Displacement 19,900 tons, 22,000 tons FL
Crew 756
Propulsion 4 screws, 4 Parsons turbines (direct drive), 18 Yarrow boilers, 25,000 hp
Speed 21 knots (39 km/h; xx mph)
Range 6,330 nautical miles (11,720 km; 7,280 mi) at 10 knots (19 km/h)
Armament 10 x305mm (5×2), 12 x102mm, 3 TT 457mm (sub sides and poop)
Armor Belt 250, Bulkhead 130, barbettes 230, turrets 280, conning tower 280, bridge 75 mm.


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HMS Neptune 1912

Bellorophon class battleships

Bellorophon class battleships

United Kingdom (1906) – Bellorophon, Superb, Temeraire

Direct successors to the Dreadnought

By december 1906, after the famous battleship was launched, 1st lord of the Admiralty sir Jackie Fisher was so confident over the design, that three sister-ships were already ordered respectively on similar plans. They were laid down for Bellerophon at Portsmouth and in January and February 1907 for the Superb and the Temeraire, respectively in Elswick and Devonport shipyards. Utterly similar they however differed by some details, the first striking difference being the masts. They were launched between July and November 1907 and entered service between February and June 1909.

HMS Belerophon 1907


The main singularity of these ships as stated was the use of two tripod military masts instead of one, the foremast being relocated in front of the first funnel to avoid the smoke plume to clog the vision of the forward observer. The second mast was located in front of the second funnel. The other major change was internal, as they received a complete internal protection without loss of speed, complete bulkheads running longitudinally through the ship whereas those of the Dreadnought only protected the magazines. Some sacrifices were done however, with belt armor decreased from 11 to 10 inches (254 mm) and reduced coal (therefore range).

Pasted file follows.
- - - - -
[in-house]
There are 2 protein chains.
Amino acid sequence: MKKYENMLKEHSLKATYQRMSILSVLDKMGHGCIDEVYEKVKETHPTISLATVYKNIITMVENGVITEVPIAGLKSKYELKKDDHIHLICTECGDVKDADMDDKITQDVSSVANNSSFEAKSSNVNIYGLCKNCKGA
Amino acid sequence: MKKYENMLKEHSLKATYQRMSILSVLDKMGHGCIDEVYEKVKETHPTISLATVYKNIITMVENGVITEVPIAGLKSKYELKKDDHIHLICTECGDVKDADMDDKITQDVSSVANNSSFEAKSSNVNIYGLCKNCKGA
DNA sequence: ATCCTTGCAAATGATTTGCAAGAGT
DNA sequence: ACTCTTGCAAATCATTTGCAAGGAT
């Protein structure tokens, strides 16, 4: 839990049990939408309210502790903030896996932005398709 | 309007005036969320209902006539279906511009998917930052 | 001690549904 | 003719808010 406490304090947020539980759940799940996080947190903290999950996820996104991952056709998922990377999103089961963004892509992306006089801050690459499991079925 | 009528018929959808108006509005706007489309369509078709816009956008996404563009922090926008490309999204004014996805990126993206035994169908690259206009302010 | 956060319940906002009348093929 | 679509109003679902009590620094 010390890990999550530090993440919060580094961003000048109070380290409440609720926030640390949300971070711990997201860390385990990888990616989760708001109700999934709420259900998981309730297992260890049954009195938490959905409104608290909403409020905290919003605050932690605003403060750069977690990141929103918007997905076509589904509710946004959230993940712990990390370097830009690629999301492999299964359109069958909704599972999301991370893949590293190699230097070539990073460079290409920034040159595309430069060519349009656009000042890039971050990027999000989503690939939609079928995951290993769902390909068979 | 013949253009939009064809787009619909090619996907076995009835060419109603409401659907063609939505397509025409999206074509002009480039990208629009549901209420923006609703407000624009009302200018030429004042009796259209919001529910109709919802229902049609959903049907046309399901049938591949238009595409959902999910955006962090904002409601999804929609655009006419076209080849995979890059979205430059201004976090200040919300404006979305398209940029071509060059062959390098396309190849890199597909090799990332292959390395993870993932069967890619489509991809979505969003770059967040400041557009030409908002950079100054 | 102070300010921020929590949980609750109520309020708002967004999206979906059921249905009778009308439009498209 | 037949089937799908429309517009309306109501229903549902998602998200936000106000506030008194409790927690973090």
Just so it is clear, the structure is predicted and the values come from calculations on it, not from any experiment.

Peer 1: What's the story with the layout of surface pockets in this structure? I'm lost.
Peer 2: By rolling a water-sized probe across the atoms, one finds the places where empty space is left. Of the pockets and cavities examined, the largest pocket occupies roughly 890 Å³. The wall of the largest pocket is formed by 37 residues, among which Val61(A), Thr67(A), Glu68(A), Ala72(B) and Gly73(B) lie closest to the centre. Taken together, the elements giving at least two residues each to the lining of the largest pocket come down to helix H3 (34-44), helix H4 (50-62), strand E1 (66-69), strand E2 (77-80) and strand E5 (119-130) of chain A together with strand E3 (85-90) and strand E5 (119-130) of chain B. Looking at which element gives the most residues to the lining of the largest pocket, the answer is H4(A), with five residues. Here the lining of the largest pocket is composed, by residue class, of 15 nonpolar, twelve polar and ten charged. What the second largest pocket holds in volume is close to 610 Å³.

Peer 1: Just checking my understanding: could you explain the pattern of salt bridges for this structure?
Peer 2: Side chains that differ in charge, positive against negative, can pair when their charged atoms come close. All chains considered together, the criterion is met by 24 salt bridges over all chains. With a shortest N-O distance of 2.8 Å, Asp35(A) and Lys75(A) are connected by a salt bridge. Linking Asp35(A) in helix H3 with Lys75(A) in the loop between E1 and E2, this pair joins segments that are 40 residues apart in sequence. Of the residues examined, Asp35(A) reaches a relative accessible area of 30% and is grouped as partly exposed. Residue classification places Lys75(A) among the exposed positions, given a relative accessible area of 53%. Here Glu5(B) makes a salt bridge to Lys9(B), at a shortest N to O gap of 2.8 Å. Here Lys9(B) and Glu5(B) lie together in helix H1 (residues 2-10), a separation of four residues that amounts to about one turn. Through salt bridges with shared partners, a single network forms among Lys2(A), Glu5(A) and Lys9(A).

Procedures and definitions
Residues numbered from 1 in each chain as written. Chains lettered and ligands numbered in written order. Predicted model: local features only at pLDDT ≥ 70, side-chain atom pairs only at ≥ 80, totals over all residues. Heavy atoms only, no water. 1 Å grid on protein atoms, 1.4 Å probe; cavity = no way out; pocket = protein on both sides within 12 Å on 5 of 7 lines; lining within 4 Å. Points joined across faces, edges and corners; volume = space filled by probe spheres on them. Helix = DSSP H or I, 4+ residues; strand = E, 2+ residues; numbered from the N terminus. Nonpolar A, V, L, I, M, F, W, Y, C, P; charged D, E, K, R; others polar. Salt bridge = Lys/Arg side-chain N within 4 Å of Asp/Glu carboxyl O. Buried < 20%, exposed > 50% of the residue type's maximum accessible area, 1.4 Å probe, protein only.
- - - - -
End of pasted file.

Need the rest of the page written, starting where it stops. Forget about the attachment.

⚠ Note: This old post is scheduled for rewriting and expansion in 2023.

broadside armour arrangementPlans HMS Bellerophon

Although their main armament was left unchanged in disposition their secondary 76mm QF guns were recognized as too weak to correctly deal with destroyers and replaced by Sixteen 4 in (102 mm) QF guns, which much longer range and twice the impact. This was supplemented with four 47 mm parade guns, firing white rounds, removed in 1914. A subdivision for better anti-torpedo protection was also added internally.

Active service

All three were active in 1915, when the 102 mm located on the roofs of the turrets, deemed too exposed, were removed and relocated in the superstructure. The masts have their upper extension shortened and they received a new radio system. Tow more secondary guns were also added, 102 and 76 mm AA. Heavy and unnecessary torpedo nets were removed, the bow torpedo tube Also, and projectors located on the platforms were also replaced by better protected, enclosed ones. In 1918 two turrets were fitted with launching platforms for a Sopwith Pup fighter and a Sopwith Strutter 1/1/2 used for advanced long range recognition. They were not recoverable and had to land on beaches if possible.